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Moving Beyond Resistance: Current Research in ER+ Metastatic Breast Cancer

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A look at the new and exciting treatment options that are on the horizon for metastatic ER+ breast cancer.

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Moving Beyond Resistance: Current Research in ER+ Metastatic Breast Cancer

  1. 1. Moving Beyond Resistance: Current Research in ER+ Metastatic Breast Cancer Heather A. Parsons Dana-Farber Cancer Institute Harvard Medical School September 24, 2016
  2. 2. Hormonal therapy Hormonal therapy Chemotherapy ChemotherapyHormone receptor positive How Do We Treat Metastatic Breast Cancer?
  3. 3. Some Questions to Answer in Metastatic ER+ Breast Cancer • Why do some tumors never respond to a particular treatment? • Why do most tumors eventually develop resistance to a particular treatment? • How do we develop better treatments for metastatic ER+ breast cancer?
  4. 4. Demand for Precision Medicine President Obama launched the Precision Medicine Initiative (PMI) in January 2015 to accelerate “biomedical discoveries and provide clinicians with new tools, knowledge, and therapies to select which treatments will work best for which patients.” Precision medicine is enabling a new era of clinical care through research, technology, and policies that empower patients, researchers, and providers to work together toward development of individualized care. Advancing the science of medicine also calls for a change in the culture of medical practice and medical research to engage individuals as active collaborators – not just as patients or research subjects.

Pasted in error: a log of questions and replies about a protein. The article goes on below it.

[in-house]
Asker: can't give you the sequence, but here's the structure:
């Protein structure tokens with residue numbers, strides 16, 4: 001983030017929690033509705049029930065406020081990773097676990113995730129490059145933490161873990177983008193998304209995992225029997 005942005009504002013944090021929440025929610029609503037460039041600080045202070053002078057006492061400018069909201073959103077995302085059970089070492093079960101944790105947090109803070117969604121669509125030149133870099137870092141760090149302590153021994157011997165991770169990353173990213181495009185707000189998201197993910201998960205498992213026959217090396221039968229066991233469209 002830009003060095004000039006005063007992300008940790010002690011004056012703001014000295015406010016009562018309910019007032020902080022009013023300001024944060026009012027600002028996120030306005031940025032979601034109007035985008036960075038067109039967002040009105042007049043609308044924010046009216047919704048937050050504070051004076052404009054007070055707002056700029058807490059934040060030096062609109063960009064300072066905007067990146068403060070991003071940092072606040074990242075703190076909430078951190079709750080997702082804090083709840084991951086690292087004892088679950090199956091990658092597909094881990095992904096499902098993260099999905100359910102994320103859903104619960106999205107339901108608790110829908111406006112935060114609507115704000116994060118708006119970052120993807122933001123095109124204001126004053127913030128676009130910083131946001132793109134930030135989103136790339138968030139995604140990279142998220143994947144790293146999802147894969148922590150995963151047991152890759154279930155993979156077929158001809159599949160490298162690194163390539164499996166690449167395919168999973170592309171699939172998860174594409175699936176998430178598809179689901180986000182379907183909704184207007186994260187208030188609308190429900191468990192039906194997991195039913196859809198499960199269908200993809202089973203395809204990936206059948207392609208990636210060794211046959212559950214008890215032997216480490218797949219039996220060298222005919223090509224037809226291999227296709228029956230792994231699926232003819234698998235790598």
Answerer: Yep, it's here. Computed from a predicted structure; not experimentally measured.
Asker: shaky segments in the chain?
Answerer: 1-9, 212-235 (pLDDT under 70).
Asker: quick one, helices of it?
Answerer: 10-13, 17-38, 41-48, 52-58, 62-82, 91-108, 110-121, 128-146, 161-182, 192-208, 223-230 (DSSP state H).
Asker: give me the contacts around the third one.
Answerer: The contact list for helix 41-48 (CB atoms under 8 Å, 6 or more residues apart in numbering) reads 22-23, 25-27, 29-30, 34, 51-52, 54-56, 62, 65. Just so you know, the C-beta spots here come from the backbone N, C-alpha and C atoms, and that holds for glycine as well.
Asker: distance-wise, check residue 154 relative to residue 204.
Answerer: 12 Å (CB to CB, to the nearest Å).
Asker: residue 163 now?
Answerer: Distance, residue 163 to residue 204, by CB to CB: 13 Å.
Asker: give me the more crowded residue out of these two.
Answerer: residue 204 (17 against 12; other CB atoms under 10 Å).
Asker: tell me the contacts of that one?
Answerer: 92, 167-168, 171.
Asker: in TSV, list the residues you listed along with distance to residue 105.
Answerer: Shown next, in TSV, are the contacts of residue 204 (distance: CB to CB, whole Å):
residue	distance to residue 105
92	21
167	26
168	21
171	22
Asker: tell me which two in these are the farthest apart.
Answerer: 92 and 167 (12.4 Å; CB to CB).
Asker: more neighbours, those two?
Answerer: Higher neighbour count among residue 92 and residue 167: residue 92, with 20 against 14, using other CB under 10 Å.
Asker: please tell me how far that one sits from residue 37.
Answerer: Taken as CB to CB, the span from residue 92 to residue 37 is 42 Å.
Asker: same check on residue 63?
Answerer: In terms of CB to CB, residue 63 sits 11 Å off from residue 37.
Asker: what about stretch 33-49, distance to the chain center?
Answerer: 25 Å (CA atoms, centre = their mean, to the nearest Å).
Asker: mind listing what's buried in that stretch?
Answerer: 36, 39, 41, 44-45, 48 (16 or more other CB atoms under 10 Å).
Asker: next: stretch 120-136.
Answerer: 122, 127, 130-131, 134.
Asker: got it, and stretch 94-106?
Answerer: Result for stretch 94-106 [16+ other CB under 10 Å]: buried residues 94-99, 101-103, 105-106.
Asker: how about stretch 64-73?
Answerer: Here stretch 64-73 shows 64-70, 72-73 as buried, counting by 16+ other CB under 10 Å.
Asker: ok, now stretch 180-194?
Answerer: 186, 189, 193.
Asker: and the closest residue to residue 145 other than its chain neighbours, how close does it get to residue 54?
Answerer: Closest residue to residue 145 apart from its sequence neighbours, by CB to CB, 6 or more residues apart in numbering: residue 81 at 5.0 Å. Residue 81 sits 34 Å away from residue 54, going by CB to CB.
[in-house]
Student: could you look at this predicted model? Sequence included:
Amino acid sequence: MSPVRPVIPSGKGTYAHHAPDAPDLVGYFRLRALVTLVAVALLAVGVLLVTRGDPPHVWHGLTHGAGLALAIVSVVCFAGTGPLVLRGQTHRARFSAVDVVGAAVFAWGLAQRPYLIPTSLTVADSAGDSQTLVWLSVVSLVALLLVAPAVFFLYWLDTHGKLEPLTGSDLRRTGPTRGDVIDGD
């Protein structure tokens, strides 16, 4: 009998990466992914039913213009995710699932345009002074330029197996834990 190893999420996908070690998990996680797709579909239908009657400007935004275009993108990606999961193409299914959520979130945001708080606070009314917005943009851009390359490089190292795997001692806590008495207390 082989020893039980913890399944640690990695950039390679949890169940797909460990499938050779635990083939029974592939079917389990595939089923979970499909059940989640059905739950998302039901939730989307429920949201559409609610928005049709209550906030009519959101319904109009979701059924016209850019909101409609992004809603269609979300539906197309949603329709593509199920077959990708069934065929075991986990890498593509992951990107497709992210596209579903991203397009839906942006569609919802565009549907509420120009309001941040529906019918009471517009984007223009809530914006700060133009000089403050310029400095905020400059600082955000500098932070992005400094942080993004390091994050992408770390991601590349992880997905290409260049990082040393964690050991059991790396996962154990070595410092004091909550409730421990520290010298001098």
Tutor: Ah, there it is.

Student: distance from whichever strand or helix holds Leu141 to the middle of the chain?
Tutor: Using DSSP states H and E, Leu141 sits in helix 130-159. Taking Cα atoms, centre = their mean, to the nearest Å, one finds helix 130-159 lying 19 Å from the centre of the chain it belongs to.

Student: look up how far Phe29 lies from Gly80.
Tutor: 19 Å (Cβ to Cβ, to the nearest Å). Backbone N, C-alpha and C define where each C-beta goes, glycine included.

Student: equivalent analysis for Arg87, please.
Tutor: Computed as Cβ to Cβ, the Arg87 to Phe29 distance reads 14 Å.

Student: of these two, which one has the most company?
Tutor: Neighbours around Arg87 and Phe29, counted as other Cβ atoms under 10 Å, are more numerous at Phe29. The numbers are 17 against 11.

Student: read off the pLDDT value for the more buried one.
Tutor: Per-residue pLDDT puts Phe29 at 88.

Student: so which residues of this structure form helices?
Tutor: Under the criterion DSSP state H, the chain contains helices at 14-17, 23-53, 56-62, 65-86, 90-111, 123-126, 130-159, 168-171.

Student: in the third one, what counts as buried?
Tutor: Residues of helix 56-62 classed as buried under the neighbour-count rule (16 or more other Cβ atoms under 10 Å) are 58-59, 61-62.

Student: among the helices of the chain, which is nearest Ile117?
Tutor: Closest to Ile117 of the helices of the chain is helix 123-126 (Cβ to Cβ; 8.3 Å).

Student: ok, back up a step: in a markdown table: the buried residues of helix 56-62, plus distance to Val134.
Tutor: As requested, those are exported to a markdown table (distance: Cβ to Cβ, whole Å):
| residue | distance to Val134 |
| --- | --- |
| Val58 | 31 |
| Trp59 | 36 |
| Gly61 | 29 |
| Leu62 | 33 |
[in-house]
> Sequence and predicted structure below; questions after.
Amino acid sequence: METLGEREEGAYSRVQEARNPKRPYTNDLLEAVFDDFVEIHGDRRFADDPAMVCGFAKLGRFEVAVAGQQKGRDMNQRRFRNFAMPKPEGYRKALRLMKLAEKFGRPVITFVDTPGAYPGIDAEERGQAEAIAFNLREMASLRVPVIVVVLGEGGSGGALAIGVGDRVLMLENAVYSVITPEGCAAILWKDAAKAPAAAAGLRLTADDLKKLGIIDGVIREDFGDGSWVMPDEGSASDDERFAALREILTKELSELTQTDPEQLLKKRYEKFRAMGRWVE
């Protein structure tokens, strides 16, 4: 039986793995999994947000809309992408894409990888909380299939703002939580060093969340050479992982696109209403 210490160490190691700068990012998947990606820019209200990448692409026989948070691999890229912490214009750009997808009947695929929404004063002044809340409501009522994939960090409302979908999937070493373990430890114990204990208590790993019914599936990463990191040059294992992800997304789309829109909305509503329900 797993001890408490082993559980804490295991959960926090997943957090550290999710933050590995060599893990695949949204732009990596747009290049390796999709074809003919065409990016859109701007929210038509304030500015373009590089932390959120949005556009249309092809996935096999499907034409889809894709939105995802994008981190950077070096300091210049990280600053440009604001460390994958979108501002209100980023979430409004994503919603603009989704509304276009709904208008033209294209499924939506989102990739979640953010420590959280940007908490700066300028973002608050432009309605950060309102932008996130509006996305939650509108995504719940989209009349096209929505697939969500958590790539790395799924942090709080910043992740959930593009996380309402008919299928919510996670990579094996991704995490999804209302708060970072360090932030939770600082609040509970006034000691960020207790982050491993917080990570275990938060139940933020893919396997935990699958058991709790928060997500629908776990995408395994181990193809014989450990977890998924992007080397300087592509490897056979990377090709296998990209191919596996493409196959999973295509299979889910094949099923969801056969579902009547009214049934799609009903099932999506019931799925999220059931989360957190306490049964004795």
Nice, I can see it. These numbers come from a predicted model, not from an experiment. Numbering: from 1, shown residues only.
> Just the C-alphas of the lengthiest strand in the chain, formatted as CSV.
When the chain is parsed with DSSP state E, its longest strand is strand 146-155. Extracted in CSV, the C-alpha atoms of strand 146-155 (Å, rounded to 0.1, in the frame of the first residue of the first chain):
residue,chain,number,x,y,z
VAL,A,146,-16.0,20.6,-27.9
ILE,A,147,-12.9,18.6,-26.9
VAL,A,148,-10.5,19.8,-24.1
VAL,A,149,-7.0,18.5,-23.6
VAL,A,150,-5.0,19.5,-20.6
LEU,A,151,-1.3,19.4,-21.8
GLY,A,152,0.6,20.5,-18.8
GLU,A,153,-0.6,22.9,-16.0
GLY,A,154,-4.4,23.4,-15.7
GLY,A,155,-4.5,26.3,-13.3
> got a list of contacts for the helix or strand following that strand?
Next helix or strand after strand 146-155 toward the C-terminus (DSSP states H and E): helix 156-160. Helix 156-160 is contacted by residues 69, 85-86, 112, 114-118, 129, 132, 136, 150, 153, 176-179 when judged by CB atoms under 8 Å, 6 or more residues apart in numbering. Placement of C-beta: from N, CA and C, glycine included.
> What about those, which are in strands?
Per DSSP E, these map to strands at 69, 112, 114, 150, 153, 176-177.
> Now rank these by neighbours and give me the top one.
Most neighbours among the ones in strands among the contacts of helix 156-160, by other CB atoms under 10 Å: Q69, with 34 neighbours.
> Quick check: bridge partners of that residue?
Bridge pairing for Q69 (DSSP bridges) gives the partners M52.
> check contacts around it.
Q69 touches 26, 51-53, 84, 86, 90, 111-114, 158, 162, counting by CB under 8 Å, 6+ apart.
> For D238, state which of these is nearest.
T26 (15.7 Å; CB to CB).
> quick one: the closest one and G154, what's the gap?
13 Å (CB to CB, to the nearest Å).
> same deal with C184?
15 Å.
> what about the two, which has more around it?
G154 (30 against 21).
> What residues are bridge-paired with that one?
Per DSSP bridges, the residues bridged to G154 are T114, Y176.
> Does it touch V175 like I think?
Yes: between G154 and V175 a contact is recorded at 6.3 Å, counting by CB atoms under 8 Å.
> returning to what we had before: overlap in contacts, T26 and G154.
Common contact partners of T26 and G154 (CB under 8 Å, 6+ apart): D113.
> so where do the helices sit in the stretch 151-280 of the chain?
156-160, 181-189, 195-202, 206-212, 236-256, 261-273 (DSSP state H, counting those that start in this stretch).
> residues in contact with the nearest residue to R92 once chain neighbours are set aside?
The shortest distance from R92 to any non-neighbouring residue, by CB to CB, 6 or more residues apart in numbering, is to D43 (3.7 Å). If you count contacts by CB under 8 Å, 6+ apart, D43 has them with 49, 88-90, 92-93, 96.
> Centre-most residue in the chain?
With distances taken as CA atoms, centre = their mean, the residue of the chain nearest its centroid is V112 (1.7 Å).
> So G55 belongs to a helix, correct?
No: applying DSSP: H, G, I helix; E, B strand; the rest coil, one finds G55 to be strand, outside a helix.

5. 5. Designed to obtain genomic information on all patients who come to DFCI / BWH / BCH for cancer-related care Goals: • Collect genomic information on all patients who have cancer, are presumed to have cancer, or are at risk for developing cancer • Return clinically relevant results to providers • Store results in searchable database • Enable linkage of specimen results to clinical database PROFILE: Towards Precision Cancer Medicine Since August 2011, >30,000 patients have consented (75%) and >12,000 tests have been performed